Described in his obituary as "an ardent friend to the masses", Thomas Shave Gowing had a lifelong interest in public education.
His middle name Shave was in acknowledgement of an ancestor who had been the printer of the Ipswich Journal.
age of fifteen, he began working for The East India Company at India House in London. There, he became acquainted with his contemporary John Stuart Mill (1806-1873), whose family background was Utilitarian and heavily influenced by his father's friend, Jeremy Bentham.
By 1838, after several years living in Bonn and travelling extensively through Germany and Switzerland, Gowing had returned to Ipswich to take up a property which had been left to him by his uncle. There he built Mount Cottage.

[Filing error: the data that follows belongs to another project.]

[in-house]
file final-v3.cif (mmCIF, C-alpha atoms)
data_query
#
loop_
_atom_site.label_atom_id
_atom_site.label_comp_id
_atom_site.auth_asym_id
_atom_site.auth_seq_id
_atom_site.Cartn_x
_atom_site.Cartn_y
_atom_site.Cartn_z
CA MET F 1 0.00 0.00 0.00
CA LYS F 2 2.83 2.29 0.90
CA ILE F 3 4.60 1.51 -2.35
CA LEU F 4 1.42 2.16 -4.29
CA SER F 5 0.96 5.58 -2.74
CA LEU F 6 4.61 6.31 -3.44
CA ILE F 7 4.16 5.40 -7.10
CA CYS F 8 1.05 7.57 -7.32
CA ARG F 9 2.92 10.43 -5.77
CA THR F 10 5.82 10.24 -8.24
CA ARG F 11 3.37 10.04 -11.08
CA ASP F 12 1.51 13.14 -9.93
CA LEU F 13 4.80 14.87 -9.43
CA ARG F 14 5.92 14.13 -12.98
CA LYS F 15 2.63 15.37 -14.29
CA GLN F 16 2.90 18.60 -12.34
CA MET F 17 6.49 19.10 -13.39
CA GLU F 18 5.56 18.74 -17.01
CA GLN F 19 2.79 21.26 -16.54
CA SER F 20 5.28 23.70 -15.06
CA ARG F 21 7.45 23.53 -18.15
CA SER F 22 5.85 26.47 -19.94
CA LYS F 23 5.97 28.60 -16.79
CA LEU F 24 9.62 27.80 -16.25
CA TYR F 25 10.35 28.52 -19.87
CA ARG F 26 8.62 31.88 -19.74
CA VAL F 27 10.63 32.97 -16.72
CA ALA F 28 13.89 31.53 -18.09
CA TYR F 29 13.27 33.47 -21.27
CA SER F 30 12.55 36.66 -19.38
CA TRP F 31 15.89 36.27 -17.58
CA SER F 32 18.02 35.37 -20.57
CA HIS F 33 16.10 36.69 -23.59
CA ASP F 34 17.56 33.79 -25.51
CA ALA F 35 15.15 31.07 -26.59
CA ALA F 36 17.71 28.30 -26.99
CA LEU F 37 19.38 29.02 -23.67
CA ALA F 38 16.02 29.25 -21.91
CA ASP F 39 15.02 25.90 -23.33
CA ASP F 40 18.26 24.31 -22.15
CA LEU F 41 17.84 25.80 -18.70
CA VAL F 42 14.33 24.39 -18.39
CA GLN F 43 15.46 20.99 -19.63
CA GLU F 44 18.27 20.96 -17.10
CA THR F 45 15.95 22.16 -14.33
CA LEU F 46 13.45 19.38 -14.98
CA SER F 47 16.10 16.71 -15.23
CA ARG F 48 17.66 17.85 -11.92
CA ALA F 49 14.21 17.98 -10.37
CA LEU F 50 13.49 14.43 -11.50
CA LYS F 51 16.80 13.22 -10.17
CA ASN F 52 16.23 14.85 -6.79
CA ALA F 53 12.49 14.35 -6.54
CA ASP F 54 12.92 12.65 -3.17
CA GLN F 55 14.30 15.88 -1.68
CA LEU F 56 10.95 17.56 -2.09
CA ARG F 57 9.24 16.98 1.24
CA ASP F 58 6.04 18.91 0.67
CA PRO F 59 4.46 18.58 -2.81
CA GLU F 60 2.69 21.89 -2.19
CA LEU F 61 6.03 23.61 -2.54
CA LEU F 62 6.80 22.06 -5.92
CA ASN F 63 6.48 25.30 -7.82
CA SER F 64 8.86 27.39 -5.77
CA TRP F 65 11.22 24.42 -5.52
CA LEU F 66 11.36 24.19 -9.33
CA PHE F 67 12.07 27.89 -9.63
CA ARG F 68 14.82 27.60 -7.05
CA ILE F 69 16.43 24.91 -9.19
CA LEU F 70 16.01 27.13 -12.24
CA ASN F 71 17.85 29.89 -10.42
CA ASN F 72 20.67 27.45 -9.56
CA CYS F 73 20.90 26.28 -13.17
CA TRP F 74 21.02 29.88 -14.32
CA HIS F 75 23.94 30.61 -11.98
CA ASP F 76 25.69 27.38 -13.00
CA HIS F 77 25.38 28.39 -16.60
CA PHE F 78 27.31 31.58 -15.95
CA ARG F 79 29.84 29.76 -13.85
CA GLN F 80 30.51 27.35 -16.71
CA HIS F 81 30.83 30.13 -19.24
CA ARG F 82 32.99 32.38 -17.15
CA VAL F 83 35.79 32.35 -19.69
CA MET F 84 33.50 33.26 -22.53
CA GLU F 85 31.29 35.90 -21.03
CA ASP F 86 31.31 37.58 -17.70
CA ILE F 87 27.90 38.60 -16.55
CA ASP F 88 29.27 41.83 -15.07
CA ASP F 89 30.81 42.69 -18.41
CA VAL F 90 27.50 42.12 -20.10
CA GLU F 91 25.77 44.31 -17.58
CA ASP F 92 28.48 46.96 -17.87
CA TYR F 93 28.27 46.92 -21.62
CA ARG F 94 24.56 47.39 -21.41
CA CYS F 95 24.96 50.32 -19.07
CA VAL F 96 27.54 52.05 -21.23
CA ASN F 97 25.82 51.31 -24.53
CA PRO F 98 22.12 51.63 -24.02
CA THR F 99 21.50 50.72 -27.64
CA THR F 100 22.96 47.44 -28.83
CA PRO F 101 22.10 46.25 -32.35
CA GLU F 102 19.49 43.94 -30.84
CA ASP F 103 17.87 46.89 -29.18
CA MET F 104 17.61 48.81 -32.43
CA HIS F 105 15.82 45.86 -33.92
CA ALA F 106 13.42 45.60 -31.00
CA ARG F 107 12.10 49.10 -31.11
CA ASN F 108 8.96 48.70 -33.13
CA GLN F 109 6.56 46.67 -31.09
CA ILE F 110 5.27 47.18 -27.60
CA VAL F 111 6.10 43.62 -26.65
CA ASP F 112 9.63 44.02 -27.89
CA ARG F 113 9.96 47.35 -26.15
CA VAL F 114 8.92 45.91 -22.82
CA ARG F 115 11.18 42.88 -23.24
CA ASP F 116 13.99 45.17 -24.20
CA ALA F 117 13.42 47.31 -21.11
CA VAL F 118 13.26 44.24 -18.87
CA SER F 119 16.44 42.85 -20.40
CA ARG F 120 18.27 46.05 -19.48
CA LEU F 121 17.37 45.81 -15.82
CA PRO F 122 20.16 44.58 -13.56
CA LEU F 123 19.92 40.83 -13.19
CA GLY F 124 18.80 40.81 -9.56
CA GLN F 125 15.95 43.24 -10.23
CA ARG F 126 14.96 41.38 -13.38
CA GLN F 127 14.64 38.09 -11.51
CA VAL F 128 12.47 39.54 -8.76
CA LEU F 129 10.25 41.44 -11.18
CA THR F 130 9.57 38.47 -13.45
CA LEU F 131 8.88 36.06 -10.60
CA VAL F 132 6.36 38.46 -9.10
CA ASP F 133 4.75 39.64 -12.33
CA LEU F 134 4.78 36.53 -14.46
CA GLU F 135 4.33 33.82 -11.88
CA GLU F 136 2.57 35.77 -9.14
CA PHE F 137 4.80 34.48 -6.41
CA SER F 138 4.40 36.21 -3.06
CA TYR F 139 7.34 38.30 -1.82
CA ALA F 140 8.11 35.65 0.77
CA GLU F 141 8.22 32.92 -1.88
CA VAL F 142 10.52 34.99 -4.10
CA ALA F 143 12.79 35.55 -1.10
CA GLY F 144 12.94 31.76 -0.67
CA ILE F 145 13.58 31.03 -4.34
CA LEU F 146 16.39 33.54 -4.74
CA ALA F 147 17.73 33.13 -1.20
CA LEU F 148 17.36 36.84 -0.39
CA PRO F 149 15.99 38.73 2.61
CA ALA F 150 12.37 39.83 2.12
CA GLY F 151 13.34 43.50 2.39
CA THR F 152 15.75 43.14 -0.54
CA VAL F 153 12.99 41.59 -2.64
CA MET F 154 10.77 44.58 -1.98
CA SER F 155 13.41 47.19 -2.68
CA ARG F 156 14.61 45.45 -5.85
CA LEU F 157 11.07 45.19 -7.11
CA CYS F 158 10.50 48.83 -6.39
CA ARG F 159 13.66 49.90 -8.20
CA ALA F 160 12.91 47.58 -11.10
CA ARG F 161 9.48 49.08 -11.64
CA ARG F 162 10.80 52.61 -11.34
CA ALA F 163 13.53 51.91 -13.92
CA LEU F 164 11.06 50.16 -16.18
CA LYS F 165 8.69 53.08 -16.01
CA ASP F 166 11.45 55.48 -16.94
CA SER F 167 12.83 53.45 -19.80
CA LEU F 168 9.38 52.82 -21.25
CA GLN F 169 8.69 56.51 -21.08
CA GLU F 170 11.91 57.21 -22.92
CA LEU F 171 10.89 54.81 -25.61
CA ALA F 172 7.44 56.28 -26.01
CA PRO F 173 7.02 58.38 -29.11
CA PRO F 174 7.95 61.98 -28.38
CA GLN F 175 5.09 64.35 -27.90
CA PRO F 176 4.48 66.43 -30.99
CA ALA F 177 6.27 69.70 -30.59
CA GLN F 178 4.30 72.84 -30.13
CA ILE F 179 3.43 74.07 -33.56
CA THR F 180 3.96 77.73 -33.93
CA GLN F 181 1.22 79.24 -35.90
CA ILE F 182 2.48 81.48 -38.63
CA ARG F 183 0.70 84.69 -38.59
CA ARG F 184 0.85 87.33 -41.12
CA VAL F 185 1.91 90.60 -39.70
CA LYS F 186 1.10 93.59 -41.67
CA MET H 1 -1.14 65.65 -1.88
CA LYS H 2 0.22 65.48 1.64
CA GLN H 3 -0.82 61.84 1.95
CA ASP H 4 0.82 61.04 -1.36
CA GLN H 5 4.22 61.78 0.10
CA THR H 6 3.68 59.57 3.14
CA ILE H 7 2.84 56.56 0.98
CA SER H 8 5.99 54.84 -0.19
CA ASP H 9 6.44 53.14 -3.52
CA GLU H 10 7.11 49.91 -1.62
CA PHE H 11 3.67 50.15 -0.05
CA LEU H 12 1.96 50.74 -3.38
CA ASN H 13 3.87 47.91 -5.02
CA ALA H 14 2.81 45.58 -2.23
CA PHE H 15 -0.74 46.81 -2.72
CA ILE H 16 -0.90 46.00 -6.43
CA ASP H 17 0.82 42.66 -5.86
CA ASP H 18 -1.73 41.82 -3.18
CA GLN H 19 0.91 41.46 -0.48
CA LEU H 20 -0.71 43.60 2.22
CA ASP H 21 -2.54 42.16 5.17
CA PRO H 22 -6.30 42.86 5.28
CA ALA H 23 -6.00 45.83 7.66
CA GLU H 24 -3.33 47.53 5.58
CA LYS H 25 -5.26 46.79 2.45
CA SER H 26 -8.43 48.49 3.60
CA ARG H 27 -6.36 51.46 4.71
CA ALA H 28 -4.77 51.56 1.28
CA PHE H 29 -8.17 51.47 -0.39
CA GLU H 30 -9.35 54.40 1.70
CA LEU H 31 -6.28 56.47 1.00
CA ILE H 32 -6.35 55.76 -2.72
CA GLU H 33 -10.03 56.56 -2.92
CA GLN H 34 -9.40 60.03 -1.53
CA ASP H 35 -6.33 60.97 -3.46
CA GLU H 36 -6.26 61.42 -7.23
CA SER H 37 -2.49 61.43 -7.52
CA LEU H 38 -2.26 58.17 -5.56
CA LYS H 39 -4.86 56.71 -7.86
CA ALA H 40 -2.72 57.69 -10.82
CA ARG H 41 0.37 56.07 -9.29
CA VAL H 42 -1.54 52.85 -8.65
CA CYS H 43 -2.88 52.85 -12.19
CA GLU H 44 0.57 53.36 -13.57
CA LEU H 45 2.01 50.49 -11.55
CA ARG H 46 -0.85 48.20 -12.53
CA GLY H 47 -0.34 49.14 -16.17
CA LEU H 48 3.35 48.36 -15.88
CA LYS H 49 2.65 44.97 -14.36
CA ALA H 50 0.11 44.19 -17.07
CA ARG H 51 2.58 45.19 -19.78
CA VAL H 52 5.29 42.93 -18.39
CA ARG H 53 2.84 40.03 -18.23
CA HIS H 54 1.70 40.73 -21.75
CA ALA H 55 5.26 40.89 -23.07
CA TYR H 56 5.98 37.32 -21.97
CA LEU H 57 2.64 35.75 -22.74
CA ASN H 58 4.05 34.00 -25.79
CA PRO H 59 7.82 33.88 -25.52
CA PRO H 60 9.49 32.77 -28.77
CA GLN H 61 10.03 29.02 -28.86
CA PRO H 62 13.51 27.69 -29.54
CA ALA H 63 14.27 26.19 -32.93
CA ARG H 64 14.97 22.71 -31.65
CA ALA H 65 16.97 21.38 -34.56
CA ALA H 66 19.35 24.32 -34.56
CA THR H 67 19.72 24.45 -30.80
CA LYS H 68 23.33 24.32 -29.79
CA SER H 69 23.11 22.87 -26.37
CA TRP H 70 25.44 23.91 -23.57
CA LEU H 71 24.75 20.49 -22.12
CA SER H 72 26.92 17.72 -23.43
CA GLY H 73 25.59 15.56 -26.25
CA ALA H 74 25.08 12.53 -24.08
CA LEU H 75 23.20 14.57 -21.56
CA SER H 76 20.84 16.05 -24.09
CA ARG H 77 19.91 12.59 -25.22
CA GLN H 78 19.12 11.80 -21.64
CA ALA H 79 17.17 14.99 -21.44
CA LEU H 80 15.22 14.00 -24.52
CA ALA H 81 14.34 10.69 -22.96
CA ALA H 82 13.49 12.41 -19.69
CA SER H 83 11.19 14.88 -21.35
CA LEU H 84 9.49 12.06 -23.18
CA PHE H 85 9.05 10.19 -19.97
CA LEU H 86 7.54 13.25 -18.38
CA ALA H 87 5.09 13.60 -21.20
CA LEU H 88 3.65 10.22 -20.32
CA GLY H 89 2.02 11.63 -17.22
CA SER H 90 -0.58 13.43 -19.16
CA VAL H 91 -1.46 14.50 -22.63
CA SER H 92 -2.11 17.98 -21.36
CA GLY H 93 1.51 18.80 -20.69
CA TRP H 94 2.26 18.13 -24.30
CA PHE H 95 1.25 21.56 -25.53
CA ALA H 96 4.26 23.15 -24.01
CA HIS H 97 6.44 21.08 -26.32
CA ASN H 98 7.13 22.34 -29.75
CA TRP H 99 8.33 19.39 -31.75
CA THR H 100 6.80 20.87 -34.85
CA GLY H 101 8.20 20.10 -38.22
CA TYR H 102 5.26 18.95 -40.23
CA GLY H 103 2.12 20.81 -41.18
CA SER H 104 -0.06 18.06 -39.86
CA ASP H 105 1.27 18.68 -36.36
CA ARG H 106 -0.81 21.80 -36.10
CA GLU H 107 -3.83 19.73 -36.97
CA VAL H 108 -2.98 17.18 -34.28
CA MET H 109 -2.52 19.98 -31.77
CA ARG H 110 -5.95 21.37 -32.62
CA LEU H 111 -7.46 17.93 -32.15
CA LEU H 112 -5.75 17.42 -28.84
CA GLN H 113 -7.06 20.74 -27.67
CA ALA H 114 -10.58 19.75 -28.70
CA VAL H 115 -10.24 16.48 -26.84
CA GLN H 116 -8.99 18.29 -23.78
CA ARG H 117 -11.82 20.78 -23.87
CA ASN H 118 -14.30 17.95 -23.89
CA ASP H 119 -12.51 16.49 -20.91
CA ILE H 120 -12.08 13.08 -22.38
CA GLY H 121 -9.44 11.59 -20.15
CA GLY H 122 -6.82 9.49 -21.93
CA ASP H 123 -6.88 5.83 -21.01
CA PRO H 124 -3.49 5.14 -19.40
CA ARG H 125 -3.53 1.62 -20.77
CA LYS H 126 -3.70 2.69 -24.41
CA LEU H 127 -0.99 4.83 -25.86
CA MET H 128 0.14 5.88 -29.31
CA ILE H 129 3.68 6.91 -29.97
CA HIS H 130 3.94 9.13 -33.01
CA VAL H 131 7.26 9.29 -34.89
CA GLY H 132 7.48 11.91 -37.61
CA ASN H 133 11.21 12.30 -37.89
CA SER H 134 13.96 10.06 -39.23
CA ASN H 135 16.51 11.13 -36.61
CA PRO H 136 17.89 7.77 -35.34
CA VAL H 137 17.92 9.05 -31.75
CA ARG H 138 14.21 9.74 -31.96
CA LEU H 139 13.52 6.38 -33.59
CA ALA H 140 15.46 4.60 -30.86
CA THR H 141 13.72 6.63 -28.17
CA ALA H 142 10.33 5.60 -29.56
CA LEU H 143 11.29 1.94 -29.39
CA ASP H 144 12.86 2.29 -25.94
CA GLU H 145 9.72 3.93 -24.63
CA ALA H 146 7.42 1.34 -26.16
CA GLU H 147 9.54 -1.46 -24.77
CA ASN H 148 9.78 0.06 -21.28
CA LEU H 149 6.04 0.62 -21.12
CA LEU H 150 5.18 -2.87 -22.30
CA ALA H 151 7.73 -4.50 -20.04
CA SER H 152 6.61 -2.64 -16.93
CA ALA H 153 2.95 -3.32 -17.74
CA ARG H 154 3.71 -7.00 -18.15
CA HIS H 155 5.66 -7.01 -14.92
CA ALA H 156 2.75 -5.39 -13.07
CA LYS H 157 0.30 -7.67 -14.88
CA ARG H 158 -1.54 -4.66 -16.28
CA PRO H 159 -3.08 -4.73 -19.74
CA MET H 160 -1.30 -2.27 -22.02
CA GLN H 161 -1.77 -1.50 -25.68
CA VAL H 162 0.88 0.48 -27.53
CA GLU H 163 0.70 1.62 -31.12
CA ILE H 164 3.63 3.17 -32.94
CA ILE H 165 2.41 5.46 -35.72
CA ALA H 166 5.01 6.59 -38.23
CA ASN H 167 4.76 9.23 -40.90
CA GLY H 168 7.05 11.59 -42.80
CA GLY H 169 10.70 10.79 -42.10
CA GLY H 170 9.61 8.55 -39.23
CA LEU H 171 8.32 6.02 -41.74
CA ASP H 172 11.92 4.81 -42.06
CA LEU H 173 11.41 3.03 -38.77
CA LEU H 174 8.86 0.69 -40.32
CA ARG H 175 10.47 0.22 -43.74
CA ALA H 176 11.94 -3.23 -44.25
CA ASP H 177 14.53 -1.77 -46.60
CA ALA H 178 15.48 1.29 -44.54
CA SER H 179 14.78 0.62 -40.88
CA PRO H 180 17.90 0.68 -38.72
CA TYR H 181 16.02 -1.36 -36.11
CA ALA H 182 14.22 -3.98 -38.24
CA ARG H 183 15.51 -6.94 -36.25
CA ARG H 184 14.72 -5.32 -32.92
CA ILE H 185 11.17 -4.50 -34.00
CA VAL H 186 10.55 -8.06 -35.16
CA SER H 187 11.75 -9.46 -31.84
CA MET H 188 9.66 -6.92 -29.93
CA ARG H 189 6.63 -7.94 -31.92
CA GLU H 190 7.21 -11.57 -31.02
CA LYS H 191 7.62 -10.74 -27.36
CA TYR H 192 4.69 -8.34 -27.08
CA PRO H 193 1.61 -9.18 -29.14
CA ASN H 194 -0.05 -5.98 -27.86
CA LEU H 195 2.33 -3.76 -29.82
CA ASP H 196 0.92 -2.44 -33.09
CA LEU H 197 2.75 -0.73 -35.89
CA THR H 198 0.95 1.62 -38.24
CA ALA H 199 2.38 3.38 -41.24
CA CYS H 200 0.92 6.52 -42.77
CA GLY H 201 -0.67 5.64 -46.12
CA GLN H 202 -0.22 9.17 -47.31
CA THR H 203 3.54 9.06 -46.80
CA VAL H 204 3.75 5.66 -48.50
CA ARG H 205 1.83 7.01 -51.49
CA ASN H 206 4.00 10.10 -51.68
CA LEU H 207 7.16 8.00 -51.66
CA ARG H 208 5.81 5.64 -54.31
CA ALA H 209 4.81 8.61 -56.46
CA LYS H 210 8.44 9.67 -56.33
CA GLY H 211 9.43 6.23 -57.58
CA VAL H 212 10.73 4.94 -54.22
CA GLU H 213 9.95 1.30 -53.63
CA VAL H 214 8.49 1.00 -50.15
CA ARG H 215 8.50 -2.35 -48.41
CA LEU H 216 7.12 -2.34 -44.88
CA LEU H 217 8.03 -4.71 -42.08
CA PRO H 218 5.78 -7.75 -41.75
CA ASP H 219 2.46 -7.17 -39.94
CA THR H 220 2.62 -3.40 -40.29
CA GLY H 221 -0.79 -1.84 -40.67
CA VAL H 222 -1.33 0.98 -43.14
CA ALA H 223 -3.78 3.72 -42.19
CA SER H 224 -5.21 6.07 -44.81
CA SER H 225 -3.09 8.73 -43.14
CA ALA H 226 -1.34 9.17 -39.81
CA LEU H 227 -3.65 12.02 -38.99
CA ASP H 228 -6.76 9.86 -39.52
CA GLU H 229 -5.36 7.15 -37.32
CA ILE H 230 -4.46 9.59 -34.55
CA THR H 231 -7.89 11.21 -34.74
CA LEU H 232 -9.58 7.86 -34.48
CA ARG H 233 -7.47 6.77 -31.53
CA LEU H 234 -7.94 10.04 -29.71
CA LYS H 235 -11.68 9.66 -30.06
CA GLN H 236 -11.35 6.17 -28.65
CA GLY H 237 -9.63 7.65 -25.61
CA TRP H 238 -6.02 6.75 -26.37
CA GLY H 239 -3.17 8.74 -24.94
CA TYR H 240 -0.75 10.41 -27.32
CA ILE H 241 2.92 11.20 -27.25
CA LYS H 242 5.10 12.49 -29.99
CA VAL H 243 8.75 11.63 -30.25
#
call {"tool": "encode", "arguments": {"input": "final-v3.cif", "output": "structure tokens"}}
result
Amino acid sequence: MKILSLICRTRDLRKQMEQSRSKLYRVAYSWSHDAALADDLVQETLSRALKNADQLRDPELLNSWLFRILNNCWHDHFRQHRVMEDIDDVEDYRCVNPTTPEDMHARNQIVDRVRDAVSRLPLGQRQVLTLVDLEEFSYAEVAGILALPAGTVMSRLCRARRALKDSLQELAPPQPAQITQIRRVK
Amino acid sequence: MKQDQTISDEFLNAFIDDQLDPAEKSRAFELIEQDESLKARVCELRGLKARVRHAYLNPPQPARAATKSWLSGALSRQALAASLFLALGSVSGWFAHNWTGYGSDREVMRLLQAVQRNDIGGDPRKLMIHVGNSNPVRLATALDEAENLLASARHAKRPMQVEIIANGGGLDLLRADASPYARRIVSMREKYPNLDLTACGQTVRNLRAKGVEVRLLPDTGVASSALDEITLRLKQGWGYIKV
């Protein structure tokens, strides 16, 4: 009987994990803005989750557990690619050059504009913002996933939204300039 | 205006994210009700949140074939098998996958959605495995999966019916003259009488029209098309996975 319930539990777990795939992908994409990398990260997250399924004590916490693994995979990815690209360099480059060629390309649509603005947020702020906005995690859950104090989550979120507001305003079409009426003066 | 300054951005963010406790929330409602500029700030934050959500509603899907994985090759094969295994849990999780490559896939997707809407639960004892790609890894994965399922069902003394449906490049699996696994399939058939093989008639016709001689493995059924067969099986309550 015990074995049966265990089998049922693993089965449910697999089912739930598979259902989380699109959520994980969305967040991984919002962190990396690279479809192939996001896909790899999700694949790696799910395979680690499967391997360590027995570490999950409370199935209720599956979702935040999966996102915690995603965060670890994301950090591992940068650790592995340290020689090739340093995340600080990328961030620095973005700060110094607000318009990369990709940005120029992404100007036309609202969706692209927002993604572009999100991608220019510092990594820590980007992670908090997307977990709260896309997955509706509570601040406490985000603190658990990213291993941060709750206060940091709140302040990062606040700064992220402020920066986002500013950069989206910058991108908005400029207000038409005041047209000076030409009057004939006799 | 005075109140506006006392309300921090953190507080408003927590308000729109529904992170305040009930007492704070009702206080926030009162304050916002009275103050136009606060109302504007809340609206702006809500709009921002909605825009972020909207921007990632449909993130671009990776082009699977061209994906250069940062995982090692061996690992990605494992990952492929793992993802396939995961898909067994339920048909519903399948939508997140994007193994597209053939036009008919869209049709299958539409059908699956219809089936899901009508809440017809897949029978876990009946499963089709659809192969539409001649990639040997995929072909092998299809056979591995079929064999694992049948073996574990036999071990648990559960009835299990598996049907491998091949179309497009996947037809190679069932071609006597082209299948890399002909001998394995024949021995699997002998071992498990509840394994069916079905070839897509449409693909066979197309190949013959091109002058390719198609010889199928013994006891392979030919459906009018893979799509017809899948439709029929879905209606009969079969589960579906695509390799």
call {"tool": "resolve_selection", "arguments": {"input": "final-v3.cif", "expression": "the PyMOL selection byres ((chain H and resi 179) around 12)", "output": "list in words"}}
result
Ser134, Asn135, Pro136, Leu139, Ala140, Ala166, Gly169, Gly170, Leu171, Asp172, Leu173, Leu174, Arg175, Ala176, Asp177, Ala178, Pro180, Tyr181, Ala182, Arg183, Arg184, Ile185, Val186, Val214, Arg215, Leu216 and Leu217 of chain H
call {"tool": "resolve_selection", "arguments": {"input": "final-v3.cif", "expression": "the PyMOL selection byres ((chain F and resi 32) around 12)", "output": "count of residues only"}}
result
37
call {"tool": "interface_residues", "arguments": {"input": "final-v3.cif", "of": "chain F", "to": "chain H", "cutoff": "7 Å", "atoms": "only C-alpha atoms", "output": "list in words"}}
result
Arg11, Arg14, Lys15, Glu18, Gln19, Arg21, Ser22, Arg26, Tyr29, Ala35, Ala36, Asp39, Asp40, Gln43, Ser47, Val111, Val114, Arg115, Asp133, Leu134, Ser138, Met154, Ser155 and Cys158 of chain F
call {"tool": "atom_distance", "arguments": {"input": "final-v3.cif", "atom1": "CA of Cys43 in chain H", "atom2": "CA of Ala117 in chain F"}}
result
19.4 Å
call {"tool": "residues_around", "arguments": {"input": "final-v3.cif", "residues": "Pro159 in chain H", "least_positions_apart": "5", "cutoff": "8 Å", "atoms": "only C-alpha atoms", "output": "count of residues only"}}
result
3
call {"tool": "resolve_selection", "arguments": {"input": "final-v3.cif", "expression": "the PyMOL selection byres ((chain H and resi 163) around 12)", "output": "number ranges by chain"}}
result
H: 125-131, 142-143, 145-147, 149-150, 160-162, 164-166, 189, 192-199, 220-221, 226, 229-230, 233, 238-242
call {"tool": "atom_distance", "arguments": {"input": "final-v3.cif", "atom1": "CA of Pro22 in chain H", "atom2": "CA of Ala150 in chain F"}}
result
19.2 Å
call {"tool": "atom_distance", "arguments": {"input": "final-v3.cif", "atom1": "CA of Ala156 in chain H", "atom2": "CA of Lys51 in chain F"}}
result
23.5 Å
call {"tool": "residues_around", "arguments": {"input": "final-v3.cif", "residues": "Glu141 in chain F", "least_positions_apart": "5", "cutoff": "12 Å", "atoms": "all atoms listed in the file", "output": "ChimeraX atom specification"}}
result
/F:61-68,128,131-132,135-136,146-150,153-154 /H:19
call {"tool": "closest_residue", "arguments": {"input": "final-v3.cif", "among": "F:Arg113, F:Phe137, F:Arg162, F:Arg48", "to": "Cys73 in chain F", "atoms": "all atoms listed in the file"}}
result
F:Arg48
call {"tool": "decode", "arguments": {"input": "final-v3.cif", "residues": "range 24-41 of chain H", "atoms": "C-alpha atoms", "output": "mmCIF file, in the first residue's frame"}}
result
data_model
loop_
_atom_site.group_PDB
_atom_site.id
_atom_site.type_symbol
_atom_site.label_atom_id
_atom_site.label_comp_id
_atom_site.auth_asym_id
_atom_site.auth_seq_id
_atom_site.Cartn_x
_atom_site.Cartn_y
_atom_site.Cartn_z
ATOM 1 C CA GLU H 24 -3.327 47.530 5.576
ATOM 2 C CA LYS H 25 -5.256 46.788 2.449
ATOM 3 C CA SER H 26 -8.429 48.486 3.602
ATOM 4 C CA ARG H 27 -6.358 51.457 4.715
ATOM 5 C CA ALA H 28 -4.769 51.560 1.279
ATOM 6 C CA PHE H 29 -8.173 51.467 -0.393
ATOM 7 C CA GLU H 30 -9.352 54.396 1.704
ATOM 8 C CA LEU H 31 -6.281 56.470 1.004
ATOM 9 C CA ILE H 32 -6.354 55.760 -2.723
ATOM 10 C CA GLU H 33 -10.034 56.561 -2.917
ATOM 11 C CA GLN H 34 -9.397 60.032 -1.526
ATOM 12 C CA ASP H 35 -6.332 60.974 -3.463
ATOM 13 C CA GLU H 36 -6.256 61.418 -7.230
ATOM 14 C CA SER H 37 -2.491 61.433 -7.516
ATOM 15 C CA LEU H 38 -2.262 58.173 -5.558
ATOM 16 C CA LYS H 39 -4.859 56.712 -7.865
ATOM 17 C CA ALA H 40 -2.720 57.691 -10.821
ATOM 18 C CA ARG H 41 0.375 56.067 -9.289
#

From this time, Gowing devoted himself to the work of improving and supporting the Ipswich Mechanics' Institute, established in 1824, eventually becoming Chairman of the Committee of Management, a position he held for almost 30 years. Gowing's first lecture, held at the Mechanics' Institute, was a work on Prussian Normal schools, delivered on a visit to Ipswich while he was still residing in Germany. At this time, the question of Normal Schools was the subject of much debate in England. This lecture was subsequently published as "Normal schools and the principles of Government interference with education." (London, 1838.)
A member of the Ipswich Town Council from 1857 to 1866, Gowing's interests outside his devotion to the Mechanics' Institute, included local politics and landscape gardening. According to his obituary, he was "almost entirely" responsible for the design of the Upper Arboretum in what is now Christchurch Park in Ipswich. The Upper Arboretum was opened to the public in December 1853.
Thomas Shave Gowing died on 9th January 1874 at Mount Cottage from a brain haemorrhage.
(Ref. Ipswich Journal and Suffolk, Norfolk, Essex and Cambridgeshire Advertiser: October 22 1853 ; April 29 1854 ; May 16 1863 ; January 13 1874.) A.B.